Look In [on Not So Flawed Wednesday]

“I want to stand as close to the edge as I can without going over. Out on the edge you can see all kinds of things you can’t see from the center.” ~Kurt Vonnegut

Yesterday I applied for a job that is all about narratives told from the edges of society. I’m not sure why it surprised me to find such a cool-to-me job; our community seems addicted to shattering so there are plenty of small edges to be found. Small edges are fallacious and serve a myriad of false centers. Our survival will depend upon whether or not we can awaken from the shatter-narrative and make the decision to direct our broken focus toward a common center. No small feat.

It is the role of the shaman, the explorer, the artist, the researcher to stand on the edge and report back to the community what is seen and unseen. The voice from the edge is rarely welcome since the report is capable of popping delusions or pulling the sheep’s clothing from the wolf. Page one of the autocrats’ handbook instructs the elimination of artists and educators. Making an enemy of the eyes-that-see, demonizing educators and thinkers – the people who recognize pattern and metaphor. The game of Us-and-Them necessitates silencing the voices capable of calling out the wolf. Autocrats require blind sheep that follow without question.

Some famous edge sitters: Galileo. Cesar Chavez. Rosa Parks. Nelson Mandela. Susan B. Anthony. Albert Einstein. Frederick Douglass, a former slave and leader of the abolitionist movement, wrote extensively about what we call Critical Race Theory; it was clear in his view from the edge. It’s not a new theory. It’s an old pattern with a new name. I think he might denounce his Republican party affiliation were he alive today; they would certainly silence his voice. He would be fired were he a professor in Florida today. As would Martin Luther King, another famous voice from the edge.

Voices of reason are often voices from the edges. Voices of the future are always voices from the edges. Galileo was silenced for suggesting that the earth circled the sun and not the other way around. Over time, the voices from the edge, when authentic, always make the center better, the community stronger. Susan B. Anthony spent her life on the edge, lobbying the center, to secure for women the right to vote.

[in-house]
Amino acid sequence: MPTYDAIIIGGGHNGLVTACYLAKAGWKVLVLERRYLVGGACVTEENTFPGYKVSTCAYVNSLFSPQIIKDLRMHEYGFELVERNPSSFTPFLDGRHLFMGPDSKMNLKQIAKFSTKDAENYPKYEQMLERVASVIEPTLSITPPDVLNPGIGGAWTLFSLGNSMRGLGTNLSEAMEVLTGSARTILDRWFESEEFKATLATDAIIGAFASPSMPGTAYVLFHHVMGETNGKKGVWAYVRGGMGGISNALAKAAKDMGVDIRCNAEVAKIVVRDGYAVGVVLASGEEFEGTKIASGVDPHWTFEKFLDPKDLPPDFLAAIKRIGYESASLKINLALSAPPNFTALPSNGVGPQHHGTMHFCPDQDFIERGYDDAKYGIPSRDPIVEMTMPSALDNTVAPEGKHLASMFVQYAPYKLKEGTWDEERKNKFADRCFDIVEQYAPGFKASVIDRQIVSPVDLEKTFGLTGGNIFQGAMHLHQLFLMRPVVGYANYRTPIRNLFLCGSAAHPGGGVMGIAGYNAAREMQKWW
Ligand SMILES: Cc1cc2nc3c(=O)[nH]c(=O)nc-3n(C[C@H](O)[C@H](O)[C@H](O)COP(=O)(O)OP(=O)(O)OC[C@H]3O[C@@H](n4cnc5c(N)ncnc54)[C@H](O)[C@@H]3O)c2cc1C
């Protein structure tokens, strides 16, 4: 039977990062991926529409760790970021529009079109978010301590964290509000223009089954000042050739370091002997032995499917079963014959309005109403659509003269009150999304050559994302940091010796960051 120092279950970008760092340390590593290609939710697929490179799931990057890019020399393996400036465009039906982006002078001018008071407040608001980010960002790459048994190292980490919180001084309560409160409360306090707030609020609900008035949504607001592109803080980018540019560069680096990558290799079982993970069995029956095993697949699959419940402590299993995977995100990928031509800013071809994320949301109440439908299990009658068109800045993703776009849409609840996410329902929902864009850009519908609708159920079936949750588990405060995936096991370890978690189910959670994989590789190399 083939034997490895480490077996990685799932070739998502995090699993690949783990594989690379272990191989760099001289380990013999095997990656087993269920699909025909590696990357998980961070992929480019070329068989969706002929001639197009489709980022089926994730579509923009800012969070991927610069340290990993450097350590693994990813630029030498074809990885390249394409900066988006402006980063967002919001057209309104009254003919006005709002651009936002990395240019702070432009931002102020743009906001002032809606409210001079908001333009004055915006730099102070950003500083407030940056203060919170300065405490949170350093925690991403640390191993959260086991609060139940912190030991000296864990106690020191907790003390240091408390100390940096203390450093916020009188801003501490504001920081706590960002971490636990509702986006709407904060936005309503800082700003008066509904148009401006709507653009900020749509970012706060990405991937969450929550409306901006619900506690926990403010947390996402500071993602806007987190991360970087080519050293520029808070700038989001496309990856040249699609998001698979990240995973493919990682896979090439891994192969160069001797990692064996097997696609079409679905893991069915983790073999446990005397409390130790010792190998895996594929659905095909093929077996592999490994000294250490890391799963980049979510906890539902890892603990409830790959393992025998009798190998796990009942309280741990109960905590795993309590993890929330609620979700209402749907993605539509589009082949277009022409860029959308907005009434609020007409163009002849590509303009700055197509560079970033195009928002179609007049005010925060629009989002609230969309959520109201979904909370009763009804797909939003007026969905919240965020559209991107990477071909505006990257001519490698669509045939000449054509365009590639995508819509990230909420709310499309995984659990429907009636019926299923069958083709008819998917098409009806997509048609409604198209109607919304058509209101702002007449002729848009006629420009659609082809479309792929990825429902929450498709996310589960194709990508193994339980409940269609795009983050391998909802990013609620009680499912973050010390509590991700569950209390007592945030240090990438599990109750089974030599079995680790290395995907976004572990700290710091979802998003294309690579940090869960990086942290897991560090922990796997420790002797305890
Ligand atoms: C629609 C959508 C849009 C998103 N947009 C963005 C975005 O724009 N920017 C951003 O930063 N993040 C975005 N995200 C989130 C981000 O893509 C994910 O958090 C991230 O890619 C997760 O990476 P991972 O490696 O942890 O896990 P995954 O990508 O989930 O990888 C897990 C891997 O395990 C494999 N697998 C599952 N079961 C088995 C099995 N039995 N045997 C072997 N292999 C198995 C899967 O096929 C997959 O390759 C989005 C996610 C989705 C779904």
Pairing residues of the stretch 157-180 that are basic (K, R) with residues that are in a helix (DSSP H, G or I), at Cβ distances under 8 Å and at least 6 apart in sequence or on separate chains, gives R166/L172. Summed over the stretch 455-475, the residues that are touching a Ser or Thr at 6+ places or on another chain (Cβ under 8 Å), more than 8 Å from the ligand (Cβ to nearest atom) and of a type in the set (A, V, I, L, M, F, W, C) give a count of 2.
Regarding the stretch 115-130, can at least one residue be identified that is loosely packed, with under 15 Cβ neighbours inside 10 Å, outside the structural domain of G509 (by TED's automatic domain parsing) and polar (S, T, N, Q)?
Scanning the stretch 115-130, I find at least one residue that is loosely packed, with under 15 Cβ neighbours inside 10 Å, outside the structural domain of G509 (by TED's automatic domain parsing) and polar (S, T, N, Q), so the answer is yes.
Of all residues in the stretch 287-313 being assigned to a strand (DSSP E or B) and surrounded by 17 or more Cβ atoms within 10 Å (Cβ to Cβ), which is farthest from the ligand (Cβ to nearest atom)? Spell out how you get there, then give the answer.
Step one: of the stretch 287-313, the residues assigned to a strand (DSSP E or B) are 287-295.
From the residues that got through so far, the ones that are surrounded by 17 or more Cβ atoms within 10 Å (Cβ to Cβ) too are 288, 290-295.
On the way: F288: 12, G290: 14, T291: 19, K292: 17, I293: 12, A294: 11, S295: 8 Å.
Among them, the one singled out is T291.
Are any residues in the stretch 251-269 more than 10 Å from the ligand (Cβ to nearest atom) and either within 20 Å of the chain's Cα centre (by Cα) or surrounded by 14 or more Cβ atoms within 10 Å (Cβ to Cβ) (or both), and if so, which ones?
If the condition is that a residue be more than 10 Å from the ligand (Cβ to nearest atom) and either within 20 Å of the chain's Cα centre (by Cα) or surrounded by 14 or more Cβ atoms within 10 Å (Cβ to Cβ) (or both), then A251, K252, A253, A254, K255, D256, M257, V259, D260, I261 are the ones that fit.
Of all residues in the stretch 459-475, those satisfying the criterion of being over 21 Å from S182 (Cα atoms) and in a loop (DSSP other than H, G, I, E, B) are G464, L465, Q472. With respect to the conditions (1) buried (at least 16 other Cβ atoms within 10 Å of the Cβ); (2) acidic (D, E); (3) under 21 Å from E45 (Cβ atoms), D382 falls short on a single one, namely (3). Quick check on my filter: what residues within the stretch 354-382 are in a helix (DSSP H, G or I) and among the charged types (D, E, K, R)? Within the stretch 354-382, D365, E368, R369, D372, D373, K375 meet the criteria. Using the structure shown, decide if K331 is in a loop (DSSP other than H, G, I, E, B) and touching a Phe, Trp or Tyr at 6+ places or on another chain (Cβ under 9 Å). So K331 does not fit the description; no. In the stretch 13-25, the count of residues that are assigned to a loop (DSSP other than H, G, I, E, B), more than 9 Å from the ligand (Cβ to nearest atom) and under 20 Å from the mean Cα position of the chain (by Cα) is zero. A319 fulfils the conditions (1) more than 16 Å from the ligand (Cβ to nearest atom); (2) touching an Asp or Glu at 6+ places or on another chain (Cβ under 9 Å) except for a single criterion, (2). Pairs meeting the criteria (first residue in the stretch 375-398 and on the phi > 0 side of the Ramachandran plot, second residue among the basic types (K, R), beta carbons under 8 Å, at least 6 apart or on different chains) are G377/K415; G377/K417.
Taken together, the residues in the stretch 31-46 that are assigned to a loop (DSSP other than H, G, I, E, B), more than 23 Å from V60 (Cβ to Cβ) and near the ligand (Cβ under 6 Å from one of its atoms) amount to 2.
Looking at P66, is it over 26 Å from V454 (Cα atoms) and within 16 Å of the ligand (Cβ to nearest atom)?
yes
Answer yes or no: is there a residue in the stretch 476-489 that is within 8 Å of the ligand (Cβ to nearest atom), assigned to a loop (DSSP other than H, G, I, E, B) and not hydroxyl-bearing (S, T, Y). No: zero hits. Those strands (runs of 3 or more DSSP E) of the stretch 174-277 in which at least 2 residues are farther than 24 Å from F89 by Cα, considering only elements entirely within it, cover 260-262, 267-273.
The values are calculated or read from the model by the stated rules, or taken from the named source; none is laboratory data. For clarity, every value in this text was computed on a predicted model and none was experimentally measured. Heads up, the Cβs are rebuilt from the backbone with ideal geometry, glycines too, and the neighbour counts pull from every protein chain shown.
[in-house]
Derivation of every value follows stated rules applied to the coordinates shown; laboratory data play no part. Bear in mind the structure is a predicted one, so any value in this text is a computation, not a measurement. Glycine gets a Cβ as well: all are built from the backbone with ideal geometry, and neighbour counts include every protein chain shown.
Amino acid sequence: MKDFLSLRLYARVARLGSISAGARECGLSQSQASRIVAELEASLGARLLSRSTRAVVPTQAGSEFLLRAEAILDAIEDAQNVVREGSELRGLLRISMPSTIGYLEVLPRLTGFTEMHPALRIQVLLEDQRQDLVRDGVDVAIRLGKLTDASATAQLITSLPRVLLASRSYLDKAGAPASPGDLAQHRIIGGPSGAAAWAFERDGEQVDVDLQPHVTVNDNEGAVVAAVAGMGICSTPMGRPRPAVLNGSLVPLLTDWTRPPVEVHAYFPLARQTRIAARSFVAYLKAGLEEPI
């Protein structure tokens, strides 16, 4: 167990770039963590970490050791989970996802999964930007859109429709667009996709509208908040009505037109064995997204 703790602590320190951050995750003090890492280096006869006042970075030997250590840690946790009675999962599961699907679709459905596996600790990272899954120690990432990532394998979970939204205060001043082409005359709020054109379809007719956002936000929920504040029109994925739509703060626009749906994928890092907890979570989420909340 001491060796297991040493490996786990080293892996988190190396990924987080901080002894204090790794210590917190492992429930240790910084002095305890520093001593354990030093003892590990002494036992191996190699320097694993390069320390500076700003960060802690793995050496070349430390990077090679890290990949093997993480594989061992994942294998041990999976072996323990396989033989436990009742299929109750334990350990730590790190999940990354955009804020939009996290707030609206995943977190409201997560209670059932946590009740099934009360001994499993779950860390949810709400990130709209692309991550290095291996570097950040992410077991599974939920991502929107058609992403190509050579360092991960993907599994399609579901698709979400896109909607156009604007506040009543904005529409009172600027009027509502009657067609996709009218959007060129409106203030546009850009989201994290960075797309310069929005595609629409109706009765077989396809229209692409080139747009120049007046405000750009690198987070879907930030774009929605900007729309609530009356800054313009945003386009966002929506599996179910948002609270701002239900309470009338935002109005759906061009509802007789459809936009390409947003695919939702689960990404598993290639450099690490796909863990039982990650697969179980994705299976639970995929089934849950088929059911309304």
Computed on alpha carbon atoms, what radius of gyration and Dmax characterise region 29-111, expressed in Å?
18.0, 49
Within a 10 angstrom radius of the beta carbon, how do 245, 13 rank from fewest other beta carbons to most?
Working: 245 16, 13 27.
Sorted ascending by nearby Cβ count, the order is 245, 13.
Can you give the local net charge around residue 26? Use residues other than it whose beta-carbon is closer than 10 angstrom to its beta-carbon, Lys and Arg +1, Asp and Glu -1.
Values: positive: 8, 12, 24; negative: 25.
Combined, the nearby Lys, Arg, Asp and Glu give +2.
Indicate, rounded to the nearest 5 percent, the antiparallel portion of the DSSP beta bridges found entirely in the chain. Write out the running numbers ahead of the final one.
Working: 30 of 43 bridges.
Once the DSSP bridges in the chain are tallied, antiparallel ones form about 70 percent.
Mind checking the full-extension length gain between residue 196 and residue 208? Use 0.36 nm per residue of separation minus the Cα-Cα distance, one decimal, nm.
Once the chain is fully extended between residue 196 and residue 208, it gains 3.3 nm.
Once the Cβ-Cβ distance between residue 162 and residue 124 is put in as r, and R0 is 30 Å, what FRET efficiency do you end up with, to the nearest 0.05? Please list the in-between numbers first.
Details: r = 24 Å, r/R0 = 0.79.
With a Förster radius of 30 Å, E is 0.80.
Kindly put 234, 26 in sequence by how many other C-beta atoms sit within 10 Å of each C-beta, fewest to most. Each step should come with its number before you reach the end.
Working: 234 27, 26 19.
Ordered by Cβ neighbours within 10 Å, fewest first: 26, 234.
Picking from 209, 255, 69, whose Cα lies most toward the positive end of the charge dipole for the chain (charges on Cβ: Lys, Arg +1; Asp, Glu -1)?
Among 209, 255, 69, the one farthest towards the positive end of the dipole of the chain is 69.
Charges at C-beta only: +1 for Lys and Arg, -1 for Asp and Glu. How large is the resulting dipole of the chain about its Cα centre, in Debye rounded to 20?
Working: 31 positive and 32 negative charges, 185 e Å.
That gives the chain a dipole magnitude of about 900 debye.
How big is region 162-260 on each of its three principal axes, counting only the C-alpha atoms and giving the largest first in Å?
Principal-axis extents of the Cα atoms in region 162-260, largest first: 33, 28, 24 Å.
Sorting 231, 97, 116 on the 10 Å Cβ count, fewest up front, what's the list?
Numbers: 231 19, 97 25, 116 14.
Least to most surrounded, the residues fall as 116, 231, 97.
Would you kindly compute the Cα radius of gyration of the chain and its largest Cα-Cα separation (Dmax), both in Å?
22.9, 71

Progress. Growth. They are rarely inspired from the tight grip at the center. Silence the edges and the community atrophies. Stop the movement and the body dies. That page was left out of the autocrats’ handbook for obvious reasons.

read Kerri’s blogpost about EDGES

Stop and Turn [on Merely A Thought Monday]

“We have no reason to mistrust our world, for it is not against us. Has it terrors, they are our terrors; has it abysses, those abysses belong to us; are dangers at hand, we must try to love them.” Rainier Maria Rilke, Letters To A Young Poet

Open the door to the monster in the closet. Walk into the wound. Throw light onto the dark. Nothing is broken, nothing needs to be fixed. All stories of resistance released into flow. Deliverance of fear.

How many times have you heard or said, “I don’t know what to do with what I feel?” Or, the partner statement, “I don’t know where to put what I feel.” Feelings as spatial.

In an earlier chapter I dreamed that I was being chased by giant monsters. I quickly ducked into a warehouse thinking I could easily find a place to hide but, much to my horror, the warehouse was vast and empty. Open space. Nowhere to hide. No other door. There was only one thing to do: turn and face the monsters. Surrendering to my fate, I stopped and watched them come at me, certain they would gobble me. But, as they approached, they shrank. The closer they came the smaller they became. By the time they reached me, they were smaller than my toe. They dissipated the moment they touched me. When I looked up I saw an older version of me standing across the room, transformed.

It was a Rilke moment.

“How should we be able to forget those ancient myths that are at the beginning of all peoples, the myths about dragons that at the last moment turn into princesses; perhaps all the dragons of our lives are princesses who are only waiting to see us once beautiful and brave. Perhaps everything terrible is in its deepest being something helpless that wants help from us.” Letter Eight, Letters To A Young Poet